Catholic Health Initiatives Awards First Grants In National Violence-Prevention Effort

07/06/09 Press Release
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Catholic Health Initiatives, the nation’s second-largest nonprofit health system, awarded the first round of grants in early July for a comprehensive, system-wide violence-prevention program called “United Against Violence.” The faith-based health care system will provide more than $500,000 in grants this year to underwrite innovative violence-prevention programs from Denville, N.J., to Tacoma, Wash.

The national violence-prevention initiative, which is the first of its kind to be sponsored by a nonprofit health care system, was inaugurated with 14 grants to health care facilities operated by CHI, which includes 78 hospitals in 20 states. The grants will help fund initiatives that focus on everything from youth dating violence to programs aimed at identifying the root causes of domestic violence against women age 12 to 21. CHI, which announced the ambitious project last year, plans to provide millions of dollars in grants over the next several years for the “United Against Violence” campaign.

“The grants are a component of CHI’s strategic initiative to prevent violence in every community we serve,” said Kevin Lofton, CHI’s president and chief executive officer. “Our emergency departments see the results of violence every day. Our system-wide initiative seeks to prevent all types of violence – including domestic violence, child and elder abuse, gun violence and school violence – in order to create healthier communities.”

The violence-prevention grants are from CHI’s Mission and Ministry Fund, established in 1996 by the organization’s founding congregations to promote healthy communities across the nation and around the world. Since its formation, the fund has awarded more than 240 grants totaling in excess of $29 million. This is the first year that a specific, dedicated round of grants was made available for violence-prevention programs.

CHI’s violence-prevention initiative is linked directly to a fundamental mission that calls for the organization to reach outside of the four walls of its hospitals and health care facilities to serve the needs of the broader community. While many of CHI’s facilities administer community wide programs to address violence, “United Against Violence” will allow facilities to either expand existing programs or develop new initiatives in collaboration with partners in their communities.

Among the facilities receiving the first round of violence-prevention grants:

Saint Clare’s Health System, Denville, N.J., will develop a “Community Response to Violence Project” to help adolescent girls who exhibit at-risk behavior make safe and healthy decisions. The project, which is expected to include a coalition of more than 20 community organizations, will also focus on issues related to gang violence as a way to promote primary prevention and intervention

Mercy Medical Center, Des Moines, Iowa, will use its grant to intervene before violence occurs for young women age 12 to 21 by developing collaboration between community experts, education leaders and the medical community to identify causes and related risk factors for domestic violence impacting this population of young women.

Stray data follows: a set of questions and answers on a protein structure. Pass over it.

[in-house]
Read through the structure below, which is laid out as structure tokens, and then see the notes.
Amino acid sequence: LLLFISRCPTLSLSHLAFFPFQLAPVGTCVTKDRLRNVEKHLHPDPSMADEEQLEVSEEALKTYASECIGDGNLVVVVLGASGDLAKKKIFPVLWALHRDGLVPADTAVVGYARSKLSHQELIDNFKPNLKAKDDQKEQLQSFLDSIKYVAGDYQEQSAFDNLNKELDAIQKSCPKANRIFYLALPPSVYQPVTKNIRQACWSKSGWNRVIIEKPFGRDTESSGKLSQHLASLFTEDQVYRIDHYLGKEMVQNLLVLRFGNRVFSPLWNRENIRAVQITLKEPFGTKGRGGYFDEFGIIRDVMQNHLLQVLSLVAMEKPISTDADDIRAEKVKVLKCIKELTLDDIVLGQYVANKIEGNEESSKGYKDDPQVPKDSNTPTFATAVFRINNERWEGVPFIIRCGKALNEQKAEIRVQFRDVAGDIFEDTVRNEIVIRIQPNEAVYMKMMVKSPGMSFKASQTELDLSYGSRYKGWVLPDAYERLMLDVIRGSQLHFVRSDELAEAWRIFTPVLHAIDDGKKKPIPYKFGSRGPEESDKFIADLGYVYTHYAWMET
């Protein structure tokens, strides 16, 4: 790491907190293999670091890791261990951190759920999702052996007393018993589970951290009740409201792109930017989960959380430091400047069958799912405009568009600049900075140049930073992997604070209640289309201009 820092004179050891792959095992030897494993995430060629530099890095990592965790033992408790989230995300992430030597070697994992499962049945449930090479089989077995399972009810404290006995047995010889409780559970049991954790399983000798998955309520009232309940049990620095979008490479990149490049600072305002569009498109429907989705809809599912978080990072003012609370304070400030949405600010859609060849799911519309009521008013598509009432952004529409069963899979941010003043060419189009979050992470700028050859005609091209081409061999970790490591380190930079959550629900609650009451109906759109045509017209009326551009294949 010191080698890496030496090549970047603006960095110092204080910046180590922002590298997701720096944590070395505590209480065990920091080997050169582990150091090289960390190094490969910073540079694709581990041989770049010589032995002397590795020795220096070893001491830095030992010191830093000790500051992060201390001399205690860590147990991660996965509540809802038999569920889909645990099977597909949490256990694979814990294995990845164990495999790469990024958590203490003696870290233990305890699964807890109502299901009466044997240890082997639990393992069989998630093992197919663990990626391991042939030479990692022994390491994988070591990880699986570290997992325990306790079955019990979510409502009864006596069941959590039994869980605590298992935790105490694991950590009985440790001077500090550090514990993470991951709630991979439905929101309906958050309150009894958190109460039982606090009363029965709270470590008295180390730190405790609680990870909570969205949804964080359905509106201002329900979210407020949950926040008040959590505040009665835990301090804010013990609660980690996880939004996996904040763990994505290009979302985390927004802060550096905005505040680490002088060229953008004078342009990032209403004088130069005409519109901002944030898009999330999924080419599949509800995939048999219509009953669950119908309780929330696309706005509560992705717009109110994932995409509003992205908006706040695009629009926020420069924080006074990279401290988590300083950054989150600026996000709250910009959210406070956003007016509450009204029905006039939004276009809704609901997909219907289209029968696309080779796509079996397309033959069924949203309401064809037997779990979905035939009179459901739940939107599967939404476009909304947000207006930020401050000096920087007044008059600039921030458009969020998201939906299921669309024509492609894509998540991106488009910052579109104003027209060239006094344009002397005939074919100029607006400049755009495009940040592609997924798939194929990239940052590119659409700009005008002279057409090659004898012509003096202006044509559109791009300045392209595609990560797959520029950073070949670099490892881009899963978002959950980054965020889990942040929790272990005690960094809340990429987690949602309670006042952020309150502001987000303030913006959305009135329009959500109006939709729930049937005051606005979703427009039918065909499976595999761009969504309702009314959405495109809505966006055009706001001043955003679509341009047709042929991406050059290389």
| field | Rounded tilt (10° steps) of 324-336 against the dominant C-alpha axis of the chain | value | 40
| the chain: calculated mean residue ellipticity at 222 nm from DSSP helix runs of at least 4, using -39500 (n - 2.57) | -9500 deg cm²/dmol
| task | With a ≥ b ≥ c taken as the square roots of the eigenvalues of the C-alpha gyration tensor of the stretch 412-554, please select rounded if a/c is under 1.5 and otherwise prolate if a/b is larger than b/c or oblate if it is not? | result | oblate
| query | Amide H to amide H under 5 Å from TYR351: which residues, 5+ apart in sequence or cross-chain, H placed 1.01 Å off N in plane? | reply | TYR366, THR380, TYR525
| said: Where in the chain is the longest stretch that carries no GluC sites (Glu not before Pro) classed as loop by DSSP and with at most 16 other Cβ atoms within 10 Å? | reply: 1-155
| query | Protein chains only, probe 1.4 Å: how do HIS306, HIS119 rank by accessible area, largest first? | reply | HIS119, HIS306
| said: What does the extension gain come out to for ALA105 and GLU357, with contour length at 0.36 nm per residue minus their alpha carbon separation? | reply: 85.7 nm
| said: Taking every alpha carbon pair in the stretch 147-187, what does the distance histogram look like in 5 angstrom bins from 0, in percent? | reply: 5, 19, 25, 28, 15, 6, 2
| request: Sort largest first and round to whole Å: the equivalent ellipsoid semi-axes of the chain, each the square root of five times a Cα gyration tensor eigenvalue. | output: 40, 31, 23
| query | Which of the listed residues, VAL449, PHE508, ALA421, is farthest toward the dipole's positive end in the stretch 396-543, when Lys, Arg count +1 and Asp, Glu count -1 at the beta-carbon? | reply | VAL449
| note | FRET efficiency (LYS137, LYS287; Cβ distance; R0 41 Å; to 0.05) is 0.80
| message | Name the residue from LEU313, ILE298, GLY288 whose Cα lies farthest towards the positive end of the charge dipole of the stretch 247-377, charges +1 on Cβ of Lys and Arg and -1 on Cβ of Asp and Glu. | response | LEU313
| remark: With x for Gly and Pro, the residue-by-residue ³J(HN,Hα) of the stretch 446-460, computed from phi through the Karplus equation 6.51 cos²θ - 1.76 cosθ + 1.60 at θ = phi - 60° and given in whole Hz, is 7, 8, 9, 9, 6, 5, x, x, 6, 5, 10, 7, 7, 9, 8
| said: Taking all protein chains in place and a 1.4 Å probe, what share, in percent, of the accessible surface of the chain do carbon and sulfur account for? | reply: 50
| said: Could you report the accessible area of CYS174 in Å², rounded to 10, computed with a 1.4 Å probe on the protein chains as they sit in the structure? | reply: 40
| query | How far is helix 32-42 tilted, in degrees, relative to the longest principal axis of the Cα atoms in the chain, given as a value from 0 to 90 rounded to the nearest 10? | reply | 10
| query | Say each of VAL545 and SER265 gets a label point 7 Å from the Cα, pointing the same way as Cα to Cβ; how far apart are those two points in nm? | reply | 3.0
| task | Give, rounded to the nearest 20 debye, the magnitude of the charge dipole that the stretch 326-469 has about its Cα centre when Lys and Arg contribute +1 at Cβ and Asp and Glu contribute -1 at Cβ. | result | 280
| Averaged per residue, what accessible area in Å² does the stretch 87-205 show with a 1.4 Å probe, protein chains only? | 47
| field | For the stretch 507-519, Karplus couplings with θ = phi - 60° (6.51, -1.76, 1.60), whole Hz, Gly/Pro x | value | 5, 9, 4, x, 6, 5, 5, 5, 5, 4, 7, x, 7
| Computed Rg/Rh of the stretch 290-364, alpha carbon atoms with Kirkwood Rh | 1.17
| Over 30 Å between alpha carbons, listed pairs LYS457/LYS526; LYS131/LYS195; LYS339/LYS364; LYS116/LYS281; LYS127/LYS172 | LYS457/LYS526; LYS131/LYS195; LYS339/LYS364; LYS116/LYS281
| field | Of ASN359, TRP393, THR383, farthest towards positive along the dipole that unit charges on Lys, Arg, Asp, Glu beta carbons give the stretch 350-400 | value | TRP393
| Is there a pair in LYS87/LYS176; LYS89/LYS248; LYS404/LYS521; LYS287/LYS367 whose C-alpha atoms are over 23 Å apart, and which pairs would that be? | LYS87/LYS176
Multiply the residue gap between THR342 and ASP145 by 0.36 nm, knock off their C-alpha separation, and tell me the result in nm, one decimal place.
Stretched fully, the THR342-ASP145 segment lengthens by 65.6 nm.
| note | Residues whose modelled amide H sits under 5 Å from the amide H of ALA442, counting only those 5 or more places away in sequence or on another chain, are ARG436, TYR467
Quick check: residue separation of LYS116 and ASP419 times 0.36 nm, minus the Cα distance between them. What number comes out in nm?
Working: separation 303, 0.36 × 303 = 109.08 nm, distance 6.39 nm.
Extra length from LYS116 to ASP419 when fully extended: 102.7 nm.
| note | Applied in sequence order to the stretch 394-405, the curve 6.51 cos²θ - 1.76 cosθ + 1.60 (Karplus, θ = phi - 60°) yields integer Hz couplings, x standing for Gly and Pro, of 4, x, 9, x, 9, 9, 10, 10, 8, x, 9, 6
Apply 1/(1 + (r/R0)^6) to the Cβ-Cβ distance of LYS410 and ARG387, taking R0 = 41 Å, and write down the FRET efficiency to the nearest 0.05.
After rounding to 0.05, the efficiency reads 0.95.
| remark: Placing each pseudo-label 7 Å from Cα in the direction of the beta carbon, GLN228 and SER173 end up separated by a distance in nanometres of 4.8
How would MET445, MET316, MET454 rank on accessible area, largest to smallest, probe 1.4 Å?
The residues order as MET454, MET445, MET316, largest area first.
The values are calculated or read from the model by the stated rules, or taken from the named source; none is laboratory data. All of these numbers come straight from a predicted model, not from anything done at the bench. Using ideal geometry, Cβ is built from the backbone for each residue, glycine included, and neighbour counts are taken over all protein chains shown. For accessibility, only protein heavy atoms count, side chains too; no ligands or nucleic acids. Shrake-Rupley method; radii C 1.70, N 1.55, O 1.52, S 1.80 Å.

Franciscan Health System, Tacoma, Wash., is considering several initiatives, including the expansion of its “Cops and Docs Program, which serves about 2,700 young people in conjunction with two of its five facilities – St. Francis Hospital, Federal Way; and St. Clare Hospital, Lakewood. In addition, Franciscan will launch an effort to analyze all existing violence-prevention programs in its large service area to help determine unmet needs.

Violence Prevention Grants:

Franciscan Foundation, Tacoma, WA, $14,700

Good Samaritan Behavioral Health, Dayton, OH, $88,940

Good Samaritan Hospital Foundation, Cincinnati, OH, $14,720

Holy Rosary Medical Center, Ontario, OR, $16,220

Jewish Hospital & St. Mary’s HealthCare, Louisville, KY, $68,150

Mercy Medical Center, Des Moines, IA, $26,500

Mercy Medical Center, Nampa, ID, $17,420

Saint Clare’s Health System, Denville, NJ, $47,530

St. Francis Medical Center, Breckenridge, MN, $10,395

Saint Joseph London, London, KY, $68,714

St. Joseph Regional Health Network, Reading, PA, $45,108

St. Joseph’s Area Health Services, Park Rapids, MN, $20,716

St. Mary’s Community Hospital, Nebraska City, NE, $40,007

Unity Family Healthcare, Little Falls, MN, $22,000

About Catholic Health Initiatives: CHI is a national nonprofit health organization with headquarters in Denver. The faith-based system operates in 20 states and includes 78 hospitals; 40 long-term care, assisted- and residential-living facilities; and two community health-services organizations. Together, those facilities provided $536 million during the 2008 fiscal year in charity care and community benefit, including services for the poor, free clinics, education and research. With annual revenues of $8.2 billion, CHI ranks as the nation’s second-largest Catholic health care system.

The grants are a component of CHI’s strategic initiative to prevent violence in every community we serve, Our emergency departments see the results of violence every day. Our system-wide initiative seeks to prevent all types of violence – including domestic violence, child and elder abuse, gun violence and school violence – in order to create healthier communities.

- Kevin Lofton, CHI’s president and chief executive officer
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Michael Romano
National Director, Media Relations
p: 303-383-2720
e: michaelromano@catholichealth.net